An Evangelical Systematic Theology

Essentials of Evangelical Theology, Vol. 1: God, Authority and Salvation, by Donald G. Bloesch (Harper & Row, 265 pp., $12.95), is reviewed by Paul D. Feinberg, associate professor of philosophy of religion and systematic theology, Trinity Evangelical Divinity School, Deerfield, Illinois.

In his many writings, Donald Bloesch has distinguished himself as a leading spokesman for evangelical theology. Thus, it is with no small interest that his two-volume theology is received. Essentials of Evangelical Theology is precisely what the title implies: a survey of the central questions in evangelical theology, with no effort to deal exhaustively with any one subject of theology. In volume 1 the areas of God, authority, and salvation are treated.

Bloesch dismisses certain stereotypes or misconceptions that outsiders may have of evangelicals, then attempts to specify very clearly the roots of his theology. He affirms the primacy of the biblical norm, but makes it clear that his understanding of theology is within the Reformed tradition and heavily dependent upon certain thinkers within the Catholic tradition—a point which may surprise some readers. He often calls his theology an evangelical catholic theology.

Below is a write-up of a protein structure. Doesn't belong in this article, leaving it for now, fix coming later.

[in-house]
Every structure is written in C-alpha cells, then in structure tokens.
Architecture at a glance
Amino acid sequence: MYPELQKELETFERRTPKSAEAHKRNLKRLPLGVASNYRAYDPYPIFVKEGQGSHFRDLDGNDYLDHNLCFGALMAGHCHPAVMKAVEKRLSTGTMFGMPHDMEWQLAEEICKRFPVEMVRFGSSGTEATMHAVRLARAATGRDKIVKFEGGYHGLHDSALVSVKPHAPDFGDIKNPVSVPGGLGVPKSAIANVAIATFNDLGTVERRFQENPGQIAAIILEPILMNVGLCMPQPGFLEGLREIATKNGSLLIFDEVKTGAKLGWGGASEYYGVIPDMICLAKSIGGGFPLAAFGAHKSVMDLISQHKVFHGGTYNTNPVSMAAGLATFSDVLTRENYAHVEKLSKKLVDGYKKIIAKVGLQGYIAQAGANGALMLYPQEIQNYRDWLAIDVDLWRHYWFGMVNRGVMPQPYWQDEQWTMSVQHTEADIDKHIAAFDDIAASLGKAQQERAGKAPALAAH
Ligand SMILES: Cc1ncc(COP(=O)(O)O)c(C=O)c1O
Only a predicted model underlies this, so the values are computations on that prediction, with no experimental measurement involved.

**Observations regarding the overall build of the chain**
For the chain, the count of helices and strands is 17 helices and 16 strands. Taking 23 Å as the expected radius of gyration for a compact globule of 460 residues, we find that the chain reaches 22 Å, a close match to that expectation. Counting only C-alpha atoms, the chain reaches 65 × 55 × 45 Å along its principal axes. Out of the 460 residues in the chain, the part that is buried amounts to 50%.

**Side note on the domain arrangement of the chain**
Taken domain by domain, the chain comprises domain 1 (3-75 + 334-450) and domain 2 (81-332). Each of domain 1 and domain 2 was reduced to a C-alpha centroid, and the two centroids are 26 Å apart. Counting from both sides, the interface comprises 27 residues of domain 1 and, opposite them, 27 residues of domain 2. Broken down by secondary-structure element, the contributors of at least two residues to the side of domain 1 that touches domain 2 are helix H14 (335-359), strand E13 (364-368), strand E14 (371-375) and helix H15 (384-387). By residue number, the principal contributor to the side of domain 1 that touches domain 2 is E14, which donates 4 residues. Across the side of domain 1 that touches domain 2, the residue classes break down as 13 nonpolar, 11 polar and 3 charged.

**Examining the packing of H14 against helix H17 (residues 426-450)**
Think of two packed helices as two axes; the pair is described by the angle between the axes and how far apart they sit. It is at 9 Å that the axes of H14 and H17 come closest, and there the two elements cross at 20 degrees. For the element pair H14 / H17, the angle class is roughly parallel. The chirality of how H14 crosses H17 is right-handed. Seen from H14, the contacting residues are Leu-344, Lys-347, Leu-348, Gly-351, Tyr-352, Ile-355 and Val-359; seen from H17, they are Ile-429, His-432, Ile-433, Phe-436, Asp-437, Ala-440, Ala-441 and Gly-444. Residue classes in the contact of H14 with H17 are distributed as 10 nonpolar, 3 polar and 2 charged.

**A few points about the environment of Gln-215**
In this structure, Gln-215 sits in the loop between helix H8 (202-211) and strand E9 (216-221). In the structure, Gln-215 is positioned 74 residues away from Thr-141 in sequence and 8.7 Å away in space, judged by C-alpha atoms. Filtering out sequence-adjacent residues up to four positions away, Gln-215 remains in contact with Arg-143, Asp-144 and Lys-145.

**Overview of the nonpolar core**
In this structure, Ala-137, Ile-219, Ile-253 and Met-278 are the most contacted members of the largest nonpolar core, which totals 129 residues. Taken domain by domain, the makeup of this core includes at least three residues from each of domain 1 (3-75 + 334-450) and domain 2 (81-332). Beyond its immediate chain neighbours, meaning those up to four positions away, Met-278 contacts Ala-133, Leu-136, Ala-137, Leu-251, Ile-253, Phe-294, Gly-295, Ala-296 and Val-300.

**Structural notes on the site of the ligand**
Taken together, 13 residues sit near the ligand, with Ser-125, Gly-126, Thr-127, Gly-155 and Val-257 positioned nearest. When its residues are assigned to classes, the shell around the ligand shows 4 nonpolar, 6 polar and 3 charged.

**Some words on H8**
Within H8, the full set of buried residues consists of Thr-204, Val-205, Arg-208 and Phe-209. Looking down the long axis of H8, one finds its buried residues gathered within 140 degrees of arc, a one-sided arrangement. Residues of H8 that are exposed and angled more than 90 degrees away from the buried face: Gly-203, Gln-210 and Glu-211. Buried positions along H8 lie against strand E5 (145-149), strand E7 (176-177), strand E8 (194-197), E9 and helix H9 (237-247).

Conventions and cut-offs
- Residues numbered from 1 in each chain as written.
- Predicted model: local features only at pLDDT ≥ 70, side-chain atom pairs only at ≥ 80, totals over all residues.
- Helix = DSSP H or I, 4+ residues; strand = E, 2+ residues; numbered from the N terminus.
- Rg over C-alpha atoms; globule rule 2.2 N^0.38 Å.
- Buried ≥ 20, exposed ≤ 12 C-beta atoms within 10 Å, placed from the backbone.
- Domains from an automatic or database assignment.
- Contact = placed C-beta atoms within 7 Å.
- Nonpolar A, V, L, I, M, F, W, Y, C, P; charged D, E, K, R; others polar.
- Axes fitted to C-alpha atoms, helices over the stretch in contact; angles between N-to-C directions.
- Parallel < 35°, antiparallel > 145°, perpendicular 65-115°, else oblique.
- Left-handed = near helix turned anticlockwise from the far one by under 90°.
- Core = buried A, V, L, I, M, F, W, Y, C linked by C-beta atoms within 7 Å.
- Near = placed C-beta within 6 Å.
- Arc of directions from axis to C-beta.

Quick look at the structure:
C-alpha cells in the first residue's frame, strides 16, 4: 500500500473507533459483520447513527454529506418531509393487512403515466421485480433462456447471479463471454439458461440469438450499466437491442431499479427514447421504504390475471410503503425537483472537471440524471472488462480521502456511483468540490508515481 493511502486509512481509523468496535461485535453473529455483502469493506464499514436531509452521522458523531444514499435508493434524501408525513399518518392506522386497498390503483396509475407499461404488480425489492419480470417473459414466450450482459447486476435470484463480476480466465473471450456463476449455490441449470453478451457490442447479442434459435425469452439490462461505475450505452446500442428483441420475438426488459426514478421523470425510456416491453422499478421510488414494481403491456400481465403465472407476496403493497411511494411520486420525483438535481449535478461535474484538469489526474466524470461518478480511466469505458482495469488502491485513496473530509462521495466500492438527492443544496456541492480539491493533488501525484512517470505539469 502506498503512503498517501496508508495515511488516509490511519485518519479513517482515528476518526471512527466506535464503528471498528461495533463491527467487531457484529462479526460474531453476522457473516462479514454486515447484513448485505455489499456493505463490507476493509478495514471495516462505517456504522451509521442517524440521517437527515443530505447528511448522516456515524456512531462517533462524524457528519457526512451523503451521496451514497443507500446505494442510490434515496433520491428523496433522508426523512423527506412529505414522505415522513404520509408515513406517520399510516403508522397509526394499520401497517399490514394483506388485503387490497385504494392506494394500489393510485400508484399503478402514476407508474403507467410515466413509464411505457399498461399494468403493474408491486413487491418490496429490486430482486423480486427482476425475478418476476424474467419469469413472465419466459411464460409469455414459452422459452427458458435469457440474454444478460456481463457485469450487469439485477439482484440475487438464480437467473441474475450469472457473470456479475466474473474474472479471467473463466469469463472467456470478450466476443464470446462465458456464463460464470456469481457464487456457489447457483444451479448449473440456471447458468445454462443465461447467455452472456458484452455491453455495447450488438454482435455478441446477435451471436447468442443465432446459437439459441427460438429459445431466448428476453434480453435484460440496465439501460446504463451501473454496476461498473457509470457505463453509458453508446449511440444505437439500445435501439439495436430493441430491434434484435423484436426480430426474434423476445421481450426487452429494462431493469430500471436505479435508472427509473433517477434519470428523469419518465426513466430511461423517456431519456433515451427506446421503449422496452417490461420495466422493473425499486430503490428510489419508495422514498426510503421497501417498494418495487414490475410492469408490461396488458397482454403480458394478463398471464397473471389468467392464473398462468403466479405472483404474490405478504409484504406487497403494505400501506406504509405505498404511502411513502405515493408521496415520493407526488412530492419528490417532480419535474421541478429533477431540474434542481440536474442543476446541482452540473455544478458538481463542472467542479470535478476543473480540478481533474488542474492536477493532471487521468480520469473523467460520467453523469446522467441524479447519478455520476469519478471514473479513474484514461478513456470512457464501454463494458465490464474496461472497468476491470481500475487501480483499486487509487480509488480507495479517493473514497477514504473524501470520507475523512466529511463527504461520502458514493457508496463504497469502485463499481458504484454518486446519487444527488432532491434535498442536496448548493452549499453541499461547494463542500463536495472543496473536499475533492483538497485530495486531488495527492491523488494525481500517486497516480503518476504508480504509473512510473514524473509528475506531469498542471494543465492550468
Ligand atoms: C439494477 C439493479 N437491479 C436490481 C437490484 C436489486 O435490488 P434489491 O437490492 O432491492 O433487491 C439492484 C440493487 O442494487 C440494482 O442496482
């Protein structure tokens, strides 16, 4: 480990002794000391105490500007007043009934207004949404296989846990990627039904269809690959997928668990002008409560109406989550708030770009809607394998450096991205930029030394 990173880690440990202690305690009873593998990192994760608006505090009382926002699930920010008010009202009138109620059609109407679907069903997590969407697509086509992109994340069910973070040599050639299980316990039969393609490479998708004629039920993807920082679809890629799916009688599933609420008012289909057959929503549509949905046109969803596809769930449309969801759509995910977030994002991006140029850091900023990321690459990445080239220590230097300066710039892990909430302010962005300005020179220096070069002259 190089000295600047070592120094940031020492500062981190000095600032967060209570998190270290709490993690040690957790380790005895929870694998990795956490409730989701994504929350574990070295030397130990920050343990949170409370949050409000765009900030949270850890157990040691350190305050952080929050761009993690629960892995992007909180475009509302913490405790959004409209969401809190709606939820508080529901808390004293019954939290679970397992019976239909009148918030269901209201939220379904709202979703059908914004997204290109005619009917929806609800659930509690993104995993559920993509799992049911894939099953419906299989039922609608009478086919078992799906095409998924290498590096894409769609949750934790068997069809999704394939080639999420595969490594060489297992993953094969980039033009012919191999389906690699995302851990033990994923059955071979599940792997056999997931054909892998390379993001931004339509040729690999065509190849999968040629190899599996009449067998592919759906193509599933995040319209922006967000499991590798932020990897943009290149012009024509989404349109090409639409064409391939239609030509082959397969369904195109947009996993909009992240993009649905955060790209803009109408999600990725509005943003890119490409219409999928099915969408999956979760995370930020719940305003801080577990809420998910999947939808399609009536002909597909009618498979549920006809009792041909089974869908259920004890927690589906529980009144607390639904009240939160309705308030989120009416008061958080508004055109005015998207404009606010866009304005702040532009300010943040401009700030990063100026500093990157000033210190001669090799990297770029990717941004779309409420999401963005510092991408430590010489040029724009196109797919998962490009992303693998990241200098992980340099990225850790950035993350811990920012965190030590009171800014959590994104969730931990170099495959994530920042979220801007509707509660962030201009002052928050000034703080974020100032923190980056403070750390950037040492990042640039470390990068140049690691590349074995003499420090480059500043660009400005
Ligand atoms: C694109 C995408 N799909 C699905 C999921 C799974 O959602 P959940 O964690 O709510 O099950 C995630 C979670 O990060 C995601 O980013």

The doctrine of God is dealt with under the general rubric of the sovereignty of God, and such traditional topics as the attributes of God, the decree, and trinitarianism are all discussed. This section closes with an excellent treatment of the erosion of the biblical view of God. Bloesch shows how philosophy—process philosophy in particular—and secularism have combined to leave our culture with an emasculated view of God.

In a chapter entitled “The Primacy of Scripture,” Bloesch affirms the divine ...

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